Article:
Over the last five decades, hard-on-soft bearings have been used in THA, especially cobalt-chrome femoral heads articulating with UHMWPE liners. Hard-on-soft bearings are widely used because of good long-term results. In addition, the use of ceramic heads on polyethylene liners is gradually gaining wider acceptance.  However, the main drawback of hard-on-soft bearings is the wear particle-related periprosthetic osteolysis, leading to THA failure. Periprosthetic osteolysis and aseptic loosening are severe problems in the durability of THA and are highly related to wear and the number of particulate debris. Wear and osteolysis occur mainly with standard polyethylene bearings associated with metalheads.[13, 14]
Highly cross-linked polyethylene (HXLPE) was developed to address the problem of wear and osteolysis associated with UHMWPE bearing surfaces. Many studies have shown that HXLPE has significantly reduced and is associated with a greater implant survival rate regardless of the head used than conventional UHMWPE.[7, 15]
Hard-on-hard bearings for total hip arthroplasty have improved dramatically over the past several decades. With the introduction of new material options on the bearing surface, the use of hard-on-hard bearings will likely continue to increase, particularly in active, young patients. In particular, ceramic bearings are attractive because of the hardness and high resistance of scratches, and thus, they are tolerant to wear debris. However, the fracture and the squeaking sound, as well as the high-cost problem, make the choice debatable.[16–18]
The use of materials with low production of wear debris has become an attractive alternative in active young patients. Ceramic bearings have far-reduced volumetric wear debris compared to other types of bearings. Many studies have reported that CoC-bearing surfaces decrease rates of wear, osteolysis, and aseptic loosening, which accounts for more than half of the revisions. However, the high cost, squeaking, component impingement, micro-separation, and prosthesis fracture make the choice difficult. A ceramic fracture can be a devastating complication that affects revision surgery employing the third body wears from ceramic debris. For these reasons, there has been concern regarding the increased use of CoC as an alternative to contemporary CoPs.
Previous studies have shown that the mean linear wear rate was 0.0043 mm/year in the CoC bearing, lower than that of the other bearings. Comparing CoP, the mean linear wear rate and volumetric wear were 0.2182 ± 13.7 mm/year and 136.2 ± 8.5 mm3/year, respectively, higher than CoC bearing.[21, 22] To improve the wear of polyethylene liners, some efforts have been made to improve the wear rates through design changes, material substitution, or polymer modification. Changes included varying the molecular weight of the polyethylene or changing the additives, and modification of the polyethylene material itself. Hence, newer materials significantly reduce the wear rate. HXLPE created by radiating and re-heating the polyethylene implants has been shown to have lower wear rates than conventional polyethylene (0.26 mm/year vs. 0.05 mm/year).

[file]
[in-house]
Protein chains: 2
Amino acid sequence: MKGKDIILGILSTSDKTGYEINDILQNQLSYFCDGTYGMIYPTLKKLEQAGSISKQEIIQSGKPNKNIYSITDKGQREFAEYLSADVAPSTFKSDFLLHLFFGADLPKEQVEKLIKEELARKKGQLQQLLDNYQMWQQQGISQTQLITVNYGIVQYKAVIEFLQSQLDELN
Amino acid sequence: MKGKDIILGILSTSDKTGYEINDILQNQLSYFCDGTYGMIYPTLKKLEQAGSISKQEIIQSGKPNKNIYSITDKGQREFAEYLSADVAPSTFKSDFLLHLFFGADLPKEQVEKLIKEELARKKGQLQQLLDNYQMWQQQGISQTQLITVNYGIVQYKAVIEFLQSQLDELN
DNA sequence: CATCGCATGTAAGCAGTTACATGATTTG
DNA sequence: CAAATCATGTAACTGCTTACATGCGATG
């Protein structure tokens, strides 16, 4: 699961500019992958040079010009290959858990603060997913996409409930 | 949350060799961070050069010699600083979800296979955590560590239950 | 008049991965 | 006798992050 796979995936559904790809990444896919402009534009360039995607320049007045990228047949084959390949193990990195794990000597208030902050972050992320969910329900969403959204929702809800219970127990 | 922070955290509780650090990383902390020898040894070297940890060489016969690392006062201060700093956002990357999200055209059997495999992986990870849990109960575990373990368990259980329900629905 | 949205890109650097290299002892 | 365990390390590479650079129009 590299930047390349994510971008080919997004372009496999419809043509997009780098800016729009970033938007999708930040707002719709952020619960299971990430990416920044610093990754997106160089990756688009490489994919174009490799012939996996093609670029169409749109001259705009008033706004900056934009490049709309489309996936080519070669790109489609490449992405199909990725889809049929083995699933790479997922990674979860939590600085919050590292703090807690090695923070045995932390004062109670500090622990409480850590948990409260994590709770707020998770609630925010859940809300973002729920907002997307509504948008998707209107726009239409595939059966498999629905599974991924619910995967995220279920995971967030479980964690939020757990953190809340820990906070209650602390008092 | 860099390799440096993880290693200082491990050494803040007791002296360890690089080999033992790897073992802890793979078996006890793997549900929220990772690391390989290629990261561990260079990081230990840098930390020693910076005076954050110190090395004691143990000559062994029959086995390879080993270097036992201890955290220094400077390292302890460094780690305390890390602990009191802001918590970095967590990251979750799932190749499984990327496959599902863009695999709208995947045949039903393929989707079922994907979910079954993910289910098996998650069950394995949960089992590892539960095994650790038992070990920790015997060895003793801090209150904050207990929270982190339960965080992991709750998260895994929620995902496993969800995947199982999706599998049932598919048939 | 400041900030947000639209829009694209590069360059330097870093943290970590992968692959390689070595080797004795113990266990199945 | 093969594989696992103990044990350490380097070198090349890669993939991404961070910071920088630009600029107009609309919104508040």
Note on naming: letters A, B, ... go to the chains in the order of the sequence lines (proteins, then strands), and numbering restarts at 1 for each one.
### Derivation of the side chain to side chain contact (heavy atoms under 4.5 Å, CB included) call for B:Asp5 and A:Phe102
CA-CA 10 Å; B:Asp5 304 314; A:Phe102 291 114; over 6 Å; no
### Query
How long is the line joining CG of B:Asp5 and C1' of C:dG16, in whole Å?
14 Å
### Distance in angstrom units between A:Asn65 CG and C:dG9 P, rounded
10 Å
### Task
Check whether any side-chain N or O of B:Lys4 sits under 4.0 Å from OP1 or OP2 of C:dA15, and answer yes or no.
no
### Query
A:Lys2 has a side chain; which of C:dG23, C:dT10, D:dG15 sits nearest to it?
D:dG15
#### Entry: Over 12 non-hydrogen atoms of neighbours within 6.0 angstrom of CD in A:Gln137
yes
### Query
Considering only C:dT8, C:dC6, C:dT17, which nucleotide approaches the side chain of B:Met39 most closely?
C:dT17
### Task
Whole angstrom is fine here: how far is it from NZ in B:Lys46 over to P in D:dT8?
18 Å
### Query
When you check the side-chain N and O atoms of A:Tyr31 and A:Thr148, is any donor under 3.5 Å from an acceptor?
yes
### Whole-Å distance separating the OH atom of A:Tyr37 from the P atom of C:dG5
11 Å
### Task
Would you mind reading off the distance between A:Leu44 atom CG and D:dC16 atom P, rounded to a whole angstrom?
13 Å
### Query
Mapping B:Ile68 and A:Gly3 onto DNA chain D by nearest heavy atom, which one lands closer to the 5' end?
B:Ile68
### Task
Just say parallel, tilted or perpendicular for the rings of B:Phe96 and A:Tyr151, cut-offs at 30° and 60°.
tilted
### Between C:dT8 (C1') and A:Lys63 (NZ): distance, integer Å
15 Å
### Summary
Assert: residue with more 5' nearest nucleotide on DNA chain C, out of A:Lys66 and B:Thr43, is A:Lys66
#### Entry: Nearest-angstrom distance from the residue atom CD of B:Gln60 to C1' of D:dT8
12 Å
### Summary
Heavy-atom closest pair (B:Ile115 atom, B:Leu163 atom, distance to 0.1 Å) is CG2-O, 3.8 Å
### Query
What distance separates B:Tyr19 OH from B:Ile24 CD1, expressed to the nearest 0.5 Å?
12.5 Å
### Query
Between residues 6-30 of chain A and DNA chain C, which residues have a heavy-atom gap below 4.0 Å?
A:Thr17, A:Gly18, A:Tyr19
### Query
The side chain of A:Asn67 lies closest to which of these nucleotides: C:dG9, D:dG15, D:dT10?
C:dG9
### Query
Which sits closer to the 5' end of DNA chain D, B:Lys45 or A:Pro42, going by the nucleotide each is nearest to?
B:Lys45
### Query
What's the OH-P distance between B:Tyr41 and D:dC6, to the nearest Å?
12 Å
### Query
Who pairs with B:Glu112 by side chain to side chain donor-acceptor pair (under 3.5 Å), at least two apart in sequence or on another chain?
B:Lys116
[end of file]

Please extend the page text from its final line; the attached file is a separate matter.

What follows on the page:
In our study, we found that the survival rates of CoP bearing at 15 years related to implant loosening and osteolysis did not differ significantly compared to previously known data with metal-on-polyethylene bearing. Furthermore, there were no severe complications such as fractures and squeaking of the CoC bearing. Potential problems with polyethylene bearing surfaces such as wear and osteolysis could be decreased as new materials were developed.
If there is no significant difference in the wear rate, ceramic fractures can also be an important factor influencing the determination of the bearing surface. Although THA with CoC bearings is expected to increase, ceramic brittleness remains a major concern for surgeons.[25, 26] Regarding the improvement of ceramic materials, there are few ceramic head fractures in the fourth-generation ceramic, but ceramic liner fractures are still a concern due to malseating. Previous studies have reported that the fracture rate of ceramic components is between 0.004% and 0.05% for femoral heads and between 0.013% and 1.1% for acetabular liners. On the other hand, there are negligible reports of ceramic head fractures with polyethylene liners. Furthermore, there were no cases of squeaking in the CoP group in this study, whereas CoC bearings were reported to have a squeak incidence of up to 20% in previous studies. Thus, CoP articulation is gradually spotlighted to reduce several problems in ceramic components. However, the problem with the choice of bearing surface remains controversial, although our results are relatively consistent with those of other previous reports.
Several limitations of this study were noted. First, our study was retrospective in nature, with a relatively small number of patients. The analysis was based on consecutive cases, with no randomization and no power analysis performed.
Second, we did not evaluate the clinical outcome because many patients were lost to follow-up. However, there have been few studies on the wear rate of CoP bearings in the long-term period because CoP bearings are not a mainstay. Therefore, the long-term result of the wear rate of CoP bearings is sufficient in this study.